Google will push users to abandon SMS two-step verification to avoid security risks

Google Inc. is pushing users to switch from messaging-based two-step login verification to a phone-based service instead as a way to bypass the security risks of Simple Messaging Service authentication services.

Beginning this week, Google will invite users of its existing so-called SMS 2-SV service to use a different login method. The alternative service, known as Google Prompt, was launched in 2016 and uses a pop-up push notification that allows users to verify logging into their Google account by simply selecting “yes: from the screen. That’s in contrast to the SMS method, which required a security code to confirm a login.

“Overall, this is being done because SMS text message verification and one-time codes are more susceptible to phishing attempts by attackers,” Google said in a blog post. “By relying on account authentication instead of SMS, administrators can be sure that their mobile policies will be enforced on the device and authentication is happening through an encrypted connection.”

Security issues with SMS authentication services such as Google’s 2-SV and more traditional two-factor authentication services were first highlighted it a report from the National Institute of Standards and Technology in August 2016. It recommended that 2fa SMS systems not be used because of their inherent insecurity.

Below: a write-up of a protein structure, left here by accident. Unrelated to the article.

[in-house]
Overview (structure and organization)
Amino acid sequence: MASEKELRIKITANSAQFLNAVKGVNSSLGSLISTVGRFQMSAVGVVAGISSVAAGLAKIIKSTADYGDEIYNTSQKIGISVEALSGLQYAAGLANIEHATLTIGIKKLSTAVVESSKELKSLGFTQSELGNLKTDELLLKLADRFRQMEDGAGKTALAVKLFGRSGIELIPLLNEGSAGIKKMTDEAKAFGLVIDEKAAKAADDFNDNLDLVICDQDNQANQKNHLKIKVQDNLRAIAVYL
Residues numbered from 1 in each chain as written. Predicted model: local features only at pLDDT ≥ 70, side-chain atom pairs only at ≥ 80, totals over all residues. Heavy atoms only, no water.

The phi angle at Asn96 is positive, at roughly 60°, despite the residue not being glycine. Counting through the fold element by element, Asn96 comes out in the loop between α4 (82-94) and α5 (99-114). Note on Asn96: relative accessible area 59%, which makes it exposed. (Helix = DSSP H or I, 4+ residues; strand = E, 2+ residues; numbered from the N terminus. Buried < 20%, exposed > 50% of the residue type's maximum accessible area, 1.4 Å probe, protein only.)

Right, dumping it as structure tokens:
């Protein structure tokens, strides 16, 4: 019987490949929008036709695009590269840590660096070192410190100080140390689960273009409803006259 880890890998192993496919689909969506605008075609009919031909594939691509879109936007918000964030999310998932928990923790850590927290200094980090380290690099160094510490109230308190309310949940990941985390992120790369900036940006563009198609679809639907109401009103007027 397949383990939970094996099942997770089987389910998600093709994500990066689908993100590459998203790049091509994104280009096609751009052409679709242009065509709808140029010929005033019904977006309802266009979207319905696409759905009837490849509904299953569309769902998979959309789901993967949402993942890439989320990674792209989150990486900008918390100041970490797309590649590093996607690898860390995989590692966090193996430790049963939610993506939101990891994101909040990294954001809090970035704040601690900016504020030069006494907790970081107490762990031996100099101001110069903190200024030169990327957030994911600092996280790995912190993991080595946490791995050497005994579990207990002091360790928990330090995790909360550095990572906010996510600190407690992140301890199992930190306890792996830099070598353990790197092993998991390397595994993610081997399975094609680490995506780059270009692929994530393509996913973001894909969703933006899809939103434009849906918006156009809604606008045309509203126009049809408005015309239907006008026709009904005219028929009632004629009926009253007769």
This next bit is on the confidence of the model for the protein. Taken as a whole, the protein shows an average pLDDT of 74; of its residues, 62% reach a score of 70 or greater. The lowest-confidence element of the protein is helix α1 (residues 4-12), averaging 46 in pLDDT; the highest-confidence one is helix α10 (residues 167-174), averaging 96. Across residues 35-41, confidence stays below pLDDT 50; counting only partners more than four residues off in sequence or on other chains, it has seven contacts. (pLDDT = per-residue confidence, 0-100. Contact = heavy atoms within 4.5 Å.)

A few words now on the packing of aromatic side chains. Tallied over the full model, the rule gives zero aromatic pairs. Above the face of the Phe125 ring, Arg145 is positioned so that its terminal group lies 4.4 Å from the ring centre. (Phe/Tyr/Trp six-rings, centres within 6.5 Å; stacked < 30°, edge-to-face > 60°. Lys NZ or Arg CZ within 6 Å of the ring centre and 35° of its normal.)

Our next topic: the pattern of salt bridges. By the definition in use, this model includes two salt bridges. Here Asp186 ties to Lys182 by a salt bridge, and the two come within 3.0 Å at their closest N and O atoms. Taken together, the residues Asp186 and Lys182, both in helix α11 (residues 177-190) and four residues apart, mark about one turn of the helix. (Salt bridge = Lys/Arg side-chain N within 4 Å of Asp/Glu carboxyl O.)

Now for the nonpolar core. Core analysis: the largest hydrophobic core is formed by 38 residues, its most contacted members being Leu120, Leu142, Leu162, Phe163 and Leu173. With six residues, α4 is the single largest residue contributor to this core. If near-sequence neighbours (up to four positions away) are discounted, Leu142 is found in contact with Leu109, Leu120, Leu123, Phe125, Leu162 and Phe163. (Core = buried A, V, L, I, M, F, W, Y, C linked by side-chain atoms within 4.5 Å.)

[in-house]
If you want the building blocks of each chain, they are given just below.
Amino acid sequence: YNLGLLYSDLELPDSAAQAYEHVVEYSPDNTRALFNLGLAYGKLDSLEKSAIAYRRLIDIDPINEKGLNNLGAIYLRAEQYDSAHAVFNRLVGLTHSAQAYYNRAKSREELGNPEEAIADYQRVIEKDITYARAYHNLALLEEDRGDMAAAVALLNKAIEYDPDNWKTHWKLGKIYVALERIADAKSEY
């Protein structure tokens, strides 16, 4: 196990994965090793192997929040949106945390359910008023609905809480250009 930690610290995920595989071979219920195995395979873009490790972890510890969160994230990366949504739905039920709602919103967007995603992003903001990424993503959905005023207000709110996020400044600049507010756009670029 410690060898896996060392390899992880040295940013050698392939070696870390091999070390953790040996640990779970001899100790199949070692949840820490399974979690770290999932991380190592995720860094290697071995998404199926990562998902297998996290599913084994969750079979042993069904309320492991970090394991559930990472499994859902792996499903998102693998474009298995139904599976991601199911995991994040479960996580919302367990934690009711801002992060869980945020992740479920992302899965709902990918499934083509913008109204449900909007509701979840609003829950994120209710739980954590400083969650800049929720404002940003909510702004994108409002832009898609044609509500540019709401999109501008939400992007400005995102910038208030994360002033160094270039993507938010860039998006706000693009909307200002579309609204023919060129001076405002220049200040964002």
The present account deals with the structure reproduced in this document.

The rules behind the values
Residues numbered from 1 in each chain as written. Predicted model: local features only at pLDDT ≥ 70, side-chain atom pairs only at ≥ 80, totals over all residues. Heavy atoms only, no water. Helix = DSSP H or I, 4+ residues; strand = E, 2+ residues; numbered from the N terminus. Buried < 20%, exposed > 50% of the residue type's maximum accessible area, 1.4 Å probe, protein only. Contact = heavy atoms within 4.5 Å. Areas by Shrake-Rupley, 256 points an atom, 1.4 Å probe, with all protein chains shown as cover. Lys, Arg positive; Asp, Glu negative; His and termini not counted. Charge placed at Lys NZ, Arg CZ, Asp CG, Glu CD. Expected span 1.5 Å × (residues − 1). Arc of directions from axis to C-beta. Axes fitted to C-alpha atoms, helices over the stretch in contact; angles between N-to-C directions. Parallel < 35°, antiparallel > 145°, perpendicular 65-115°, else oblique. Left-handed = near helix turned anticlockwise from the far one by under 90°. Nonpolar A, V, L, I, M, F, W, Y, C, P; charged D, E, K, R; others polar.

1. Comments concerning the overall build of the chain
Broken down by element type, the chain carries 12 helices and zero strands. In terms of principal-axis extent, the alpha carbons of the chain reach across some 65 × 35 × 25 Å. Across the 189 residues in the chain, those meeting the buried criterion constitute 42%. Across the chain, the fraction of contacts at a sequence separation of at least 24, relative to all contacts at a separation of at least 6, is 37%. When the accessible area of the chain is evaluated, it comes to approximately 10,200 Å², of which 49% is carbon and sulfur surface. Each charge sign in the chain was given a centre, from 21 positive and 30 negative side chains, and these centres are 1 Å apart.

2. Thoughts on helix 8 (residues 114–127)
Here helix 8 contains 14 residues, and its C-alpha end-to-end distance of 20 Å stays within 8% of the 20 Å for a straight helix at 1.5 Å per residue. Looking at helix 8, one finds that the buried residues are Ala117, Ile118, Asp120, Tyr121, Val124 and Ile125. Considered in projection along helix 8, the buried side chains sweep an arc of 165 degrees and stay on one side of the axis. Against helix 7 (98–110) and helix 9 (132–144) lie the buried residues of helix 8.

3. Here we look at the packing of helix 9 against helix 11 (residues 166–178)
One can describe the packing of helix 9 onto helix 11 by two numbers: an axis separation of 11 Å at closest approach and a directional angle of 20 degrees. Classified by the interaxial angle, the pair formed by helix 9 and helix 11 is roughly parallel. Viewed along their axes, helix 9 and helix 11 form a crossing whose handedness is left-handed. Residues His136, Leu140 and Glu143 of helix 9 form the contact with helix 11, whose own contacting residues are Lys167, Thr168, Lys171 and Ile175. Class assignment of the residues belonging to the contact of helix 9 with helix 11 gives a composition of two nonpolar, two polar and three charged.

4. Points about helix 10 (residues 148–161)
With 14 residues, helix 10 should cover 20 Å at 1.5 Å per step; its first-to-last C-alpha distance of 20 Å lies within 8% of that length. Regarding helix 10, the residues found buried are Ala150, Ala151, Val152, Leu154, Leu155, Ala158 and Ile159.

The problem relates to the ability of hackers to intercept SMS messages sent to phones. Highlighting the risk involved, two high-profile cases in the last 12 months used different methods to intercept SMS messages used for 2fa purposes.

The first case, in December 2016, saw hackers fake the identity of Colombian man, then using the information to transfer his mobile phone number from T-Mobile to another carrier linked to a Google Voice account. Then the hackers intercepted SMS 2fa messages and stole funds from the man’s bitcoin account. In a second case in May, hackers in Germany exploited a known vulnerability in mobile phone network systems to listen to private phone calls and intercept text messages. Then they drained money from a victim’s bank account.

Rep. Ted Lieu (D-California) at the time of the last hack put the security issue simply: “2FA is screwed,” he said, and “everyone’s accounts protected by text-based two-factor authentication, such as bank accounts, are potentially at risk.”

Users of Android phones have support for the Google Prompt system built into their phones. Apple iPhone users must install the Google Search app on their phones to gain access.


. . . . . . . .

Leave a Reply